Carpet Weavers is an installation which consists of a projection mapped on to a physical object – a pile of cardboard cubes. This work was exhibited in January 2020, as part of Push Pop Repeat, a showcase of MA Computational Art student works.
Produced by: Katie Tindle
My art practice is generally very conceptual, and can be quite sombre in tone. For this project I wanted to push my comfort zone aesthetically as well as technically, and have a bit of fun with it. I set about trying to create a series of graphic patterns which complemented and augmented a boxy structure. I chose to use a pallet of vibrant, at times inharmonious colours. I hoped this would arrest attention and that the colours would translate well to projection. Predictably, when installed there was some colour bleaching and at certain points the area around the structure was more brightly lit than I would have wanted.
The structure of the boxes was intentionally haphazard, and the final structure was confirmed on the day of installation. Although we didn’t plan the precise arrangement of boxes ahead of time, we knew we wanted the structure to have a tangible depth and physical presence. The intention of this was to foreground the mapped images, rather than the structure.
The overall look I was trying emulate was a combination of 1960’s textile design, science fiction and kitsch. I referred to the work of op artists including Victor Vasarely and Bridget Riley, and fashion houses/designers including Mary Quant and Marimekko. The inspiration for the individual patterns themselves initially came from textures I observed in everyday objects – the texture of a fibreglass suitcase, a carpet in a pub, a gif of a candle lid under a ceiling fan. I would then set about reverse engineering the patterns with OpenFrameworks. I maintained a cohesive aesthetic by using a specific colour pallet, and reusing the grid structure. This in turn reflected the textile designs to which I was referring. The piece ends with a scene of a cluster of points moving in space, with stars slowly blinking in the background. This is intended as an explicit nod to science fiction, and a design aesthetic that’s both futuristic and retro.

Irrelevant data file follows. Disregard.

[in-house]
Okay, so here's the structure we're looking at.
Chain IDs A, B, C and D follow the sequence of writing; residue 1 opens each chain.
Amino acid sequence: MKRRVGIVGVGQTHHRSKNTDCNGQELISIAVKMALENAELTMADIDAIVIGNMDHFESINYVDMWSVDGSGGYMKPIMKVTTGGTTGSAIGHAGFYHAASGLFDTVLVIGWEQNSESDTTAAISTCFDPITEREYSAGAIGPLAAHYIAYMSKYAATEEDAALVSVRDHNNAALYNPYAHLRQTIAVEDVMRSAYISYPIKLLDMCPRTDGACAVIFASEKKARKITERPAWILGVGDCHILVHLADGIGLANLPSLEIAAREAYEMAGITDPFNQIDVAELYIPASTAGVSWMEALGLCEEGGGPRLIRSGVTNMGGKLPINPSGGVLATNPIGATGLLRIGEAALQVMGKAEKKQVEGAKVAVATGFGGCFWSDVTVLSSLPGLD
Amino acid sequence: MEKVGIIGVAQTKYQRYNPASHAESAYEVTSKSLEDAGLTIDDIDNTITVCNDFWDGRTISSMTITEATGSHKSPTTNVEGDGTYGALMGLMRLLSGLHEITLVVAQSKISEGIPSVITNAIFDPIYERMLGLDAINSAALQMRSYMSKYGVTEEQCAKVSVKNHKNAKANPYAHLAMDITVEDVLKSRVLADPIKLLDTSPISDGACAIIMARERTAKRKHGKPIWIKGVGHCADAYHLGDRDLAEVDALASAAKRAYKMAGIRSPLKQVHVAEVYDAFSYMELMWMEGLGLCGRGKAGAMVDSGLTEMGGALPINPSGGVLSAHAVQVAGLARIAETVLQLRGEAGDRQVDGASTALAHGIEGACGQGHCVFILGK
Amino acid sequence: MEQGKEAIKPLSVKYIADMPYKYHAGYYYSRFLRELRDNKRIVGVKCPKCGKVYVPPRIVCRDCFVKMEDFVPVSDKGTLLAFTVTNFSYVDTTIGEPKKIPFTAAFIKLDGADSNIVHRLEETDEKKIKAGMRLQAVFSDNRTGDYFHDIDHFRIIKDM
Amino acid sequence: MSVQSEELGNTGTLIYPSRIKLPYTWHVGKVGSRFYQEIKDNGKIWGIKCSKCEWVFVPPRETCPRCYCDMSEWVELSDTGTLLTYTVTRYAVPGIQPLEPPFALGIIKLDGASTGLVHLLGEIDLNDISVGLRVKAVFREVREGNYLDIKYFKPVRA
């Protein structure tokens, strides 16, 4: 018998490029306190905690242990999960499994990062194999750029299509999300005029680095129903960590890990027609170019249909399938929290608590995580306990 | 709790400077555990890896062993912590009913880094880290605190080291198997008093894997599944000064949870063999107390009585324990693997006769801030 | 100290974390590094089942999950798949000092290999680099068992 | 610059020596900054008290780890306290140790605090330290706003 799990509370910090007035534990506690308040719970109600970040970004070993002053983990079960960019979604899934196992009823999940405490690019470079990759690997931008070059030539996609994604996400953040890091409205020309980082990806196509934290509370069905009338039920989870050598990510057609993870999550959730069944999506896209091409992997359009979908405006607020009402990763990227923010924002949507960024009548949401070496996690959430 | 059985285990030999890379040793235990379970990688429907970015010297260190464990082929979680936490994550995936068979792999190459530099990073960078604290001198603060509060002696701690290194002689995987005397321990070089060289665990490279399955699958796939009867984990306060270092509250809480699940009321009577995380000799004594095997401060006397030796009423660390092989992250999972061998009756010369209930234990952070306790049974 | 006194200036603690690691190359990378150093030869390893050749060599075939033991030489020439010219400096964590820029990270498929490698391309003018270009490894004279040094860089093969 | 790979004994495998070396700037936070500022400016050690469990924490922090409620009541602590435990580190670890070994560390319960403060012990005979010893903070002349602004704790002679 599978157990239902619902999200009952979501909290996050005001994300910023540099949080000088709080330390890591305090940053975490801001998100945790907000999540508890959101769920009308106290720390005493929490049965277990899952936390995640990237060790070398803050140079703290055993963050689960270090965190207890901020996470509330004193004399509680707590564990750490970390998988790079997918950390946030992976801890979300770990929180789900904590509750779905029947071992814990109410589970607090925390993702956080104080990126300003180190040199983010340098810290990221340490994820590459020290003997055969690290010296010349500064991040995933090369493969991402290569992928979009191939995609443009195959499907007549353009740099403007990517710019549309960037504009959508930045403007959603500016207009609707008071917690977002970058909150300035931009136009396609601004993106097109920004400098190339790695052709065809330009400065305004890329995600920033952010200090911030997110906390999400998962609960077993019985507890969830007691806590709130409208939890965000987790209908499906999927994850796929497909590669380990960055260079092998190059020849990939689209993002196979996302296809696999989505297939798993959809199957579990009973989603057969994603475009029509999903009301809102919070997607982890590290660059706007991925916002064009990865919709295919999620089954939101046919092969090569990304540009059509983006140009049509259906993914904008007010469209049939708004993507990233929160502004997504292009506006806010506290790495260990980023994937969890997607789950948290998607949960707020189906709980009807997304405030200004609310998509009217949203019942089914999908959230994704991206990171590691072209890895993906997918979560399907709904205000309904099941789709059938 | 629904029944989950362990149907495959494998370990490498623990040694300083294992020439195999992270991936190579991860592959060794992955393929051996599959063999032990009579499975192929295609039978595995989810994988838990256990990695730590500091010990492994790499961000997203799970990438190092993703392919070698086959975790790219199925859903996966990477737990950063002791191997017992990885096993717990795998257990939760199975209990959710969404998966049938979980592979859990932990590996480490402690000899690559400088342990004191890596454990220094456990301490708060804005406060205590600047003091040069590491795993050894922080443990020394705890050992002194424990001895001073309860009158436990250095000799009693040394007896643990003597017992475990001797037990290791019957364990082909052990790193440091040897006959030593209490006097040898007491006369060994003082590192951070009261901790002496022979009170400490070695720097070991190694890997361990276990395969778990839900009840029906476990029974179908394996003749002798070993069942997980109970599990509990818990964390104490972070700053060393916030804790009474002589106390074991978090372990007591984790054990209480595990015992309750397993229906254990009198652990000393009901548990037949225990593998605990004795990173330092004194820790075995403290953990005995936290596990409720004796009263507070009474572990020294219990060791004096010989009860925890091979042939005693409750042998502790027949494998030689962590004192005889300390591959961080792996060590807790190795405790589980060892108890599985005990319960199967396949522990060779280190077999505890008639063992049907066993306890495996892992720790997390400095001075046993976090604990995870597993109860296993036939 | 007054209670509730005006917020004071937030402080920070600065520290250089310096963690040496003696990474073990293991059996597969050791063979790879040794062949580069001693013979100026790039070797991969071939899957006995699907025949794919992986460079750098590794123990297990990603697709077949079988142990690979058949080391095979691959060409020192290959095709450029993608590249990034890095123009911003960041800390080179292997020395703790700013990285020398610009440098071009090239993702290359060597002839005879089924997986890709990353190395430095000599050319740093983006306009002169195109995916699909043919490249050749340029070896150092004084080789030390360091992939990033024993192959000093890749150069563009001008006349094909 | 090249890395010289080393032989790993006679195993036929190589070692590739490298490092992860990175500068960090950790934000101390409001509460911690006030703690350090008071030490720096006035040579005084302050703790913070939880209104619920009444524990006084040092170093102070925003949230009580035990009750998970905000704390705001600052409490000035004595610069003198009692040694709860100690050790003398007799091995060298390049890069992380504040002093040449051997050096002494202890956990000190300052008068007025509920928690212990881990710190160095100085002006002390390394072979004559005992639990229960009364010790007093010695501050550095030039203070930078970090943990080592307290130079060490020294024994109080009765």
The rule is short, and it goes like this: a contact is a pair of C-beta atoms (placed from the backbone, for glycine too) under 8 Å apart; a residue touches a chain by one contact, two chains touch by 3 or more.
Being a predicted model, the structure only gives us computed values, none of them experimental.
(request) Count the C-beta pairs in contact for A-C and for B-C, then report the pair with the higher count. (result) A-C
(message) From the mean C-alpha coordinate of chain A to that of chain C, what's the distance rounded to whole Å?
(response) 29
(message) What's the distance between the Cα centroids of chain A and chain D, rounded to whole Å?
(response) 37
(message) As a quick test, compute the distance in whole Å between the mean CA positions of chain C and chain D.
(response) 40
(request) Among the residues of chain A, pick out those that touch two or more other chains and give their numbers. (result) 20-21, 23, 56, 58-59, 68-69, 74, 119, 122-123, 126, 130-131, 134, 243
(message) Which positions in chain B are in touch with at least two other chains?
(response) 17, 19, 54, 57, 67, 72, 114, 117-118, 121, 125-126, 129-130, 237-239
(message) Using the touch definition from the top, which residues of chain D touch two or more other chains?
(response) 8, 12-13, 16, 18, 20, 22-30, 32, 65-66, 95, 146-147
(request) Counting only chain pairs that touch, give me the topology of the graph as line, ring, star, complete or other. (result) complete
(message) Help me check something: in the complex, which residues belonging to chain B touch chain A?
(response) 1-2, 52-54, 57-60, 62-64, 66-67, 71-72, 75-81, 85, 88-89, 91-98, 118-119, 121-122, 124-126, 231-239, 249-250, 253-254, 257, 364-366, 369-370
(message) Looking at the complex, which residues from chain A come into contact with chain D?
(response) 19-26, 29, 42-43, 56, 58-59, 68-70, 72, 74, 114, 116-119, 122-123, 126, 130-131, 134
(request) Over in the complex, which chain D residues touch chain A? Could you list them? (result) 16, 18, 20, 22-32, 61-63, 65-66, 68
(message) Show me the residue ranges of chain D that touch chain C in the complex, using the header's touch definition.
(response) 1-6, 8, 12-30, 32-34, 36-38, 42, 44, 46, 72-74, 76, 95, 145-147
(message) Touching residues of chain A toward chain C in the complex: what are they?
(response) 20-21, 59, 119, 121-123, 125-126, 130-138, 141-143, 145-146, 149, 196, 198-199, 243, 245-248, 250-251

I am happy with my work but I think if I were to do this project again, I would draw less granular patterns as some of the detail was lost when translating from a screen to a projector. Although I hoped to keep the audience’s attention with transitions and scene changes, some of the patterns were quite static, so I would incorporate more exaggerated movement. I did try to push myself technically by creating lots of patterns and scene changes. However, my confidence has increased significantly in the short time since writing the code for this assignment. Therefore somewhat conversely, if I were to start this project again, I would focus more on creating an elegant and succinct work – rather than stress out about my visuals being too simplistic.